SANGAM: A System for Integrating Web Services to Investigate Stress-Circuitry-Gene Coupling

Date

October 7, 2005

Speaker

Shahram Ghandeharizadeh

Affiliation

University of Southern California

Overview

In 1993, NIH launched the Human Brain Project (HBP) to develop and support neuroinformatics as a new science to make experimental data pertaining to the brain publicly available on the Internet. The success of HBP is demonstrated by the Society of Neuroscience maintaining a directory of 83 databases and 48 knowledge bases developed and maintained by different academic, government, and commercial institutions. A challenge is how to integrate data from these diverse sources to answer a scientific enquiry. SANGAM focuses on this challenge from the perspective of Stress-Circuitry-Gene coupling. It strives to address the following scientific question: Does every type of stress stimulus recruit the same set of brain circuits and activate the same genes, or do such circuits and genes vary across different stressors? An answer to this question helps clinicians and drug manufacturers to develop better treatments and drugs for stress disorders. Currently, a prototype of SANGAM is operational and in-use by our neuroscientists. A key insight from developing SANGAM is a general framework for neuroscience information integration consisting of 3 components: Run-time integration (RTI), Plan Composition (PLC), and Schema and Data Mapper (SDM). We present an overview of these components along with performance results from both centralized and distribution (using WSE 2.0) implementation of RTI component.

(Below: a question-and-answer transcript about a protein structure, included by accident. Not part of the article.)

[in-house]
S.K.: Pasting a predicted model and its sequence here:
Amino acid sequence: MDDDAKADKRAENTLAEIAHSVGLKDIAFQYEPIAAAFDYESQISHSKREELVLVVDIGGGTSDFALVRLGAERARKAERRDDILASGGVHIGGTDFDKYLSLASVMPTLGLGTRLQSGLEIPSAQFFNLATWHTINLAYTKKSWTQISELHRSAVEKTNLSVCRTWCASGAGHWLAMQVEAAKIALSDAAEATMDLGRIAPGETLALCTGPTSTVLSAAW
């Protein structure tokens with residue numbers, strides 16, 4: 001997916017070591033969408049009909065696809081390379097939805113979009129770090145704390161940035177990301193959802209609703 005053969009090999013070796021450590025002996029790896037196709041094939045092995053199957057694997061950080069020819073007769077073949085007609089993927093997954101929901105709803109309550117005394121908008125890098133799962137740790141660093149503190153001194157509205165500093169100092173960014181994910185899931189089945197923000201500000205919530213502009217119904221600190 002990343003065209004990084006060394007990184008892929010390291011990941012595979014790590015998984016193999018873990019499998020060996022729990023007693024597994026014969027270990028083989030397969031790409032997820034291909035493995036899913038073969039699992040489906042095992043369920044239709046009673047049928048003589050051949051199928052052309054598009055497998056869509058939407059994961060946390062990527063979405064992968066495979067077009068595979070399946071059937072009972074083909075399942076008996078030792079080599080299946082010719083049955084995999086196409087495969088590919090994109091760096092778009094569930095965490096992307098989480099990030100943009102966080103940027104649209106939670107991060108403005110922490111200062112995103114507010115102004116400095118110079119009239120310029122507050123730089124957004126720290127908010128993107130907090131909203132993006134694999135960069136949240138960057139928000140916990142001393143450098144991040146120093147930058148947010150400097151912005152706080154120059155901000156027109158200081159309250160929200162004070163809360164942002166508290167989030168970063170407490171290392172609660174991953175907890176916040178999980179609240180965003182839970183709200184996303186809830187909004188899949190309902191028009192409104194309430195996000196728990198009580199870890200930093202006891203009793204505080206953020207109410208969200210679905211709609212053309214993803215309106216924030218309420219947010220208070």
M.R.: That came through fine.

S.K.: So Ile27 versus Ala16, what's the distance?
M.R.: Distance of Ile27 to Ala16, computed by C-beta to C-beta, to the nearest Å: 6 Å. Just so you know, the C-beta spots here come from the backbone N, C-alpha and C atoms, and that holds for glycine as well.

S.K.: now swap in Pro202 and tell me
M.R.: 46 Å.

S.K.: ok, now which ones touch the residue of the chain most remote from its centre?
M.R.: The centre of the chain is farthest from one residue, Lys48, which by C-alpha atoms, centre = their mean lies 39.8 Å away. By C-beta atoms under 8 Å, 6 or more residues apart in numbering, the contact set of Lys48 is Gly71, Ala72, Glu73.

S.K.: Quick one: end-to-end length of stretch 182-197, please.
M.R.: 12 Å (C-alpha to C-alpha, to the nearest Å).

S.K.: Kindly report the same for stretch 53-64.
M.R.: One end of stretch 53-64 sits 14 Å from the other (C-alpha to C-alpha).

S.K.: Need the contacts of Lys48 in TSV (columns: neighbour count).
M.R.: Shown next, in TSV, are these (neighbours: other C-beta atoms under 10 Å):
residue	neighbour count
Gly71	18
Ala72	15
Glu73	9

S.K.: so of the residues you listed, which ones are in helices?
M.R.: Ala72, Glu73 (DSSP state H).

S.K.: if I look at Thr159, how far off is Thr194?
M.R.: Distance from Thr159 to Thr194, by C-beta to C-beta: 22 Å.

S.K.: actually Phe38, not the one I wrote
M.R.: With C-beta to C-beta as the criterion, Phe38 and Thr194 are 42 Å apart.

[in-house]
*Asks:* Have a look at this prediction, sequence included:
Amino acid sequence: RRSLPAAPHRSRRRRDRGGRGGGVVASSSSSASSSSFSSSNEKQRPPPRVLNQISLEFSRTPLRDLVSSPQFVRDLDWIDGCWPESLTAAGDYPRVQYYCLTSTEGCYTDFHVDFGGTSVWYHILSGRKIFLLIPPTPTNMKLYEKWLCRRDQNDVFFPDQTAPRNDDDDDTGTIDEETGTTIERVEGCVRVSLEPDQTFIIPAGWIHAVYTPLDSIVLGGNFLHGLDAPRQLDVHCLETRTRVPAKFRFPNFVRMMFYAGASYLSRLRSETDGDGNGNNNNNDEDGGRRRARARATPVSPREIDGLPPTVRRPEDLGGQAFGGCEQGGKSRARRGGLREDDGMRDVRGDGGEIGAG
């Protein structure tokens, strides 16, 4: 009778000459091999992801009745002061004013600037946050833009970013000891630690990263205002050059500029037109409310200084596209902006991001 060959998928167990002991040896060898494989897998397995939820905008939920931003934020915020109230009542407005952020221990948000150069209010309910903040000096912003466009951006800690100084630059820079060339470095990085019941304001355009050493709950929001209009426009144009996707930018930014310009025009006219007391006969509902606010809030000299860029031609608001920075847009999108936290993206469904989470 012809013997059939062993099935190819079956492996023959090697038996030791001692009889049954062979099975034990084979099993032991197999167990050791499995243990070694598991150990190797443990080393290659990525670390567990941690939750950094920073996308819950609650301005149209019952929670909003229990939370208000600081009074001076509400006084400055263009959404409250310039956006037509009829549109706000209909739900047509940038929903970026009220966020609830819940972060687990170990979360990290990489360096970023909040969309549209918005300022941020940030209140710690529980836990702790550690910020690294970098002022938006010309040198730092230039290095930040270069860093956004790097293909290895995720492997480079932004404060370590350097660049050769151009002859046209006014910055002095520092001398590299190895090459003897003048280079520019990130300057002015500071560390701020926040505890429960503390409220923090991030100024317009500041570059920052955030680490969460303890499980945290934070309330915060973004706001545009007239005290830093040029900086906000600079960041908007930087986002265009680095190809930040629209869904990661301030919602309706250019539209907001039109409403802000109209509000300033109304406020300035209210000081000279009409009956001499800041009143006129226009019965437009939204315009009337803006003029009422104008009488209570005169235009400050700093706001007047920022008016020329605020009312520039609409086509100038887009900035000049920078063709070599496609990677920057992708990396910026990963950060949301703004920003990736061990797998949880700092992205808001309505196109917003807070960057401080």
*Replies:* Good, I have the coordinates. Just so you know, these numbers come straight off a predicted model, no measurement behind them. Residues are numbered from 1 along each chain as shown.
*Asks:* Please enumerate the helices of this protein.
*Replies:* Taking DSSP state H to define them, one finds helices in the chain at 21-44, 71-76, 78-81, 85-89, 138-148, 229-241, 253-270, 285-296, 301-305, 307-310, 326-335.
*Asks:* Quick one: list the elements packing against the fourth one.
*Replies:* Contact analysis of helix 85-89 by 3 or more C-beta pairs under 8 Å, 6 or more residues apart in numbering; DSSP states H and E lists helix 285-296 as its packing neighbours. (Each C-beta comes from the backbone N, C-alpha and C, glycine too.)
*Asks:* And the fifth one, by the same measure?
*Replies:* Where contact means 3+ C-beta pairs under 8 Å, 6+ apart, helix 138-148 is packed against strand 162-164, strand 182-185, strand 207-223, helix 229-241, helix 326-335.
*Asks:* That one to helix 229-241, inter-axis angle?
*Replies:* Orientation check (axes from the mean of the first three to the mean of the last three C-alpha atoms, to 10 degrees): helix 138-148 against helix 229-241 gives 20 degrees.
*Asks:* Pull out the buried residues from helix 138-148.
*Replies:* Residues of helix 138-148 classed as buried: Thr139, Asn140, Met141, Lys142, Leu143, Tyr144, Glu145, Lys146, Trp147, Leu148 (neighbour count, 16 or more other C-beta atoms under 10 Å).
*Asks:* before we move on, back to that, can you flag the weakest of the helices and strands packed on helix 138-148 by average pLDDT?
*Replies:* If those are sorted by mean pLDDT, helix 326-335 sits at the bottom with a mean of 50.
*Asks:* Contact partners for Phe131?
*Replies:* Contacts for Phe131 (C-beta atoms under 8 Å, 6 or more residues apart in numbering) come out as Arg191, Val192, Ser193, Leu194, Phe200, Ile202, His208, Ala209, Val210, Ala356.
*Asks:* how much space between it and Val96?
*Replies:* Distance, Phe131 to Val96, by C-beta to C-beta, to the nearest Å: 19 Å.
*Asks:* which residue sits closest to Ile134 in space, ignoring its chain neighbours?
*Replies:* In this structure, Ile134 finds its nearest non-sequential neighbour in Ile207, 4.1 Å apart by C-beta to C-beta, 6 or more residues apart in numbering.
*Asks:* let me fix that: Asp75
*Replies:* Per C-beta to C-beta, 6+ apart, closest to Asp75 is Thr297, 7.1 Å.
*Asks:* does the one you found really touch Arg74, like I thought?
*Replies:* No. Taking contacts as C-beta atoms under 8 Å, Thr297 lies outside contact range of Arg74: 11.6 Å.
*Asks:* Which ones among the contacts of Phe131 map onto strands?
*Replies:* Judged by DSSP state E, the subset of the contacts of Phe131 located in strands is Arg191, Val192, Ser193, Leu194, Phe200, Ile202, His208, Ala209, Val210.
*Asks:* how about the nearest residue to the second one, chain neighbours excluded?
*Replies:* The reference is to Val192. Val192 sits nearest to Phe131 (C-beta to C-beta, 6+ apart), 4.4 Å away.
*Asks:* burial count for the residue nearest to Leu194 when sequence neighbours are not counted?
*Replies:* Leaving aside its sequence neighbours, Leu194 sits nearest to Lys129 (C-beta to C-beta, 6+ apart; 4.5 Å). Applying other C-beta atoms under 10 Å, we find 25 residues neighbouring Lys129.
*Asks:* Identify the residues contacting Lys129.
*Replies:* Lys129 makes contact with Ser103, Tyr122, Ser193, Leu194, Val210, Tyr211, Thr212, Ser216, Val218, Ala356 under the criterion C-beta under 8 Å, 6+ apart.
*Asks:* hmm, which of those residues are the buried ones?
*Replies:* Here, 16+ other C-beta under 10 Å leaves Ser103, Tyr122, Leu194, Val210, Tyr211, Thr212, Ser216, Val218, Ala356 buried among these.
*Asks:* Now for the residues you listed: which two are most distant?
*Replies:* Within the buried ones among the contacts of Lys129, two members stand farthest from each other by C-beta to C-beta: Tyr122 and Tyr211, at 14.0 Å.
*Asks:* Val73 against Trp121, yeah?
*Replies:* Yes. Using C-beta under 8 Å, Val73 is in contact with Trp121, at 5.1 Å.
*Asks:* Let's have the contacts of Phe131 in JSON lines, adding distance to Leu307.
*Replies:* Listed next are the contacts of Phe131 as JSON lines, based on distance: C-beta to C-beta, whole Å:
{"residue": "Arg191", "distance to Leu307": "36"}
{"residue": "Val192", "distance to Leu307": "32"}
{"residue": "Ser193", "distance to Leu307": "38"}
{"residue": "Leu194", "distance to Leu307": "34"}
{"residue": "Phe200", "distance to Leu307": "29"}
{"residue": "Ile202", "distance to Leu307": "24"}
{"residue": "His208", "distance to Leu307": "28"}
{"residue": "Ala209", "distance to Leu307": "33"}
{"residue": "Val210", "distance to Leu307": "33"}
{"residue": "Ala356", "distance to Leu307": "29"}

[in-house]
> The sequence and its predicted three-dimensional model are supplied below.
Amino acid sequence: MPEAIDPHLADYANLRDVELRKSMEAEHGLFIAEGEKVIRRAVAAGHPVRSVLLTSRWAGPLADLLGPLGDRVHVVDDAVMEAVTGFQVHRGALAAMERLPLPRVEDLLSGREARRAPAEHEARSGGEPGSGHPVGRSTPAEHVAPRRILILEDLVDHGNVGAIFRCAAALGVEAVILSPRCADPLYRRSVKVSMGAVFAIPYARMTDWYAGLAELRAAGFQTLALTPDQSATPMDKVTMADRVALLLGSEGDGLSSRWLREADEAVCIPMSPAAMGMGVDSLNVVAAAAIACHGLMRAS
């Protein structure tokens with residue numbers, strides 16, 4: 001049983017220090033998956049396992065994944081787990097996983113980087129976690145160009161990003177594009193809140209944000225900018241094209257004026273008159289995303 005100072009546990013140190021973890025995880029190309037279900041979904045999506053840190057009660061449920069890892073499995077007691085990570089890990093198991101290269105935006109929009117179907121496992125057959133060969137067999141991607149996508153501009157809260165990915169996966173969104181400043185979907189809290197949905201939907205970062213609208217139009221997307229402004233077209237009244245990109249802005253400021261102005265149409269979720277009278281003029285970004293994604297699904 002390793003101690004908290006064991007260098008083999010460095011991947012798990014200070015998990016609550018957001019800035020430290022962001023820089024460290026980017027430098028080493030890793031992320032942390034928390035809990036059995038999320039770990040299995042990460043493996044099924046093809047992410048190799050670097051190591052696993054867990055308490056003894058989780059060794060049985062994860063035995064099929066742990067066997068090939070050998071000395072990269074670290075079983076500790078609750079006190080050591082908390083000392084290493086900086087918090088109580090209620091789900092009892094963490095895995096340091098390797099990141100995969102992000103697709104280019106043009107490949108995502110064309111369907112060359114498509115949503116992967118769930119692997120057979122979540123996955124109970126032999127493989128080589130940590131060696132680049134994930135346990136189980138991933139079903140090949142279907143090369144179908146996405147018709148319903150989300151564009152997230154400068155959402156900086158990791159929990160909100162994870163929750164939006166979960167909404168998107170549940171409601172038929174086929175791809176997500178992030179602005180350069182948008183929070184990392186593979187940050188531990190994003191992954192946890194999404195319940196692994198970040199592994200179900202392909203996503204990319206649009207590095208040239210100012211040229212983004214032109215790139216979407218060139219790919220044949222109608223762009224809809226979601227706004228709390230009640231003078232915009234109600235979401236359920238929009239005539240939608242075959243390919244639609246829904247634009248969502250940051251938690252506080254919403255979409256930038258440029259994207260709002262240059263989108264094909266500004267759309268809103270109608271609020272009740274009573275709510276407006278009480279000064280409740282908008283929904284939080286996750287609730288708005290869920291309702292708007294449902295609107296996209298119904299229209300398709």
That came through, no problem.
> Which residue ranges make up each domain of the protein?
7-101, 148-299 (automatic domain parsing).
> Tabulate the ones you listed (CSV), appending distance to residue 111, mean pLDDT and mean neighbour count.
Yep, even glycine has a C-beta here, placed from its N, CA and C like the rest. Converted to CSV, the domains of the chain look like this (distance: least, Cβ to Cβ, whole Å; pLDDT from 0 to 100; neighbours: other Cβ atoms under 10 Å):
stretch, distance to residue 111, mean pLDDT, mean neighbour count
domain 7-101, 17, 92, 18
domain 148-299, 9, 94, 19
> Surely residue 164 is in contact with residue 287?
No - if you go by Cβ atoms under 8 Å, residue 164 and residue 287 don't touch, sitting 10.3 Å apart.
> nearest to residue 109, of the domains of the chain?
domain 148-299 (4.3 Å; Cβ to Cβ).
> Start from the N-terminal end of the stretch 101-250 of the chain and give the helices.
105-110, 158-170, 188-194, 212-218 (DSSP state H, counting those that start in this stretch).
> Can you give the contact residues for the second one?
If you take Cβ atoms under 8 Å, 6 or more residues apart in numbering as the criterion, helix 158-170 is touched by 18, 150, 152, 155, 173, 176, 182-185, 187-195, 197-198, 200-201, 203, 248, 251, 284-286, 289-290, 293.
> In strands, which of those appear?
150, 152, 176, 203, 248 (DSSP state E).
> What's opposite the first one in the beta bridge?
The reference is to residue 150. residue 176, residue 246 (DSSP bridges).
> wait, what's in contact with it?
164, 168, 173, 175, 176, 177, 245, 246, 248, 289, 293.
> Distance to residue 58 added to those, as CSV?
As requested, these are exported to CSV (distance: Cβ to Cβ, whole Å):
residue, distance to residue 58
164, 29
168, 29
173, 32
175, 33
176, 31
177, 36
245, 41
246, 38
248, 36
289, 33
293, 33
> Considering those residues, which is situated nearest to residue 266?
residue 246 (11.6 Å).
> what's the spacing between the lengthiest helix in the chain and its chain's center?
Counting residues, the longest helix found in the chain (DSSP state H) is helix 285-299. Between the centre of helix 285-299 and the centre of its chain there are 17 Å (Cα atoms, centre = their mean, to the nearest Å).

Speakers

Shahram Ghandeharizadeh

Shahram Ghandeharizadeh received his Ph.D. degree in Computer Science from the University of Wisconsin, Madison, in 1990. Since then, he has been on the faculty at the University of Southern California. Shahram is a recipient of the National Science Foundation Young Investigator’s award for his research on physical design of parallel database systems. His primary research interest is the field of neuroinformatics, emphasizing the use of Web Services to facilitate publication, use, and integration of autonomous data sources.

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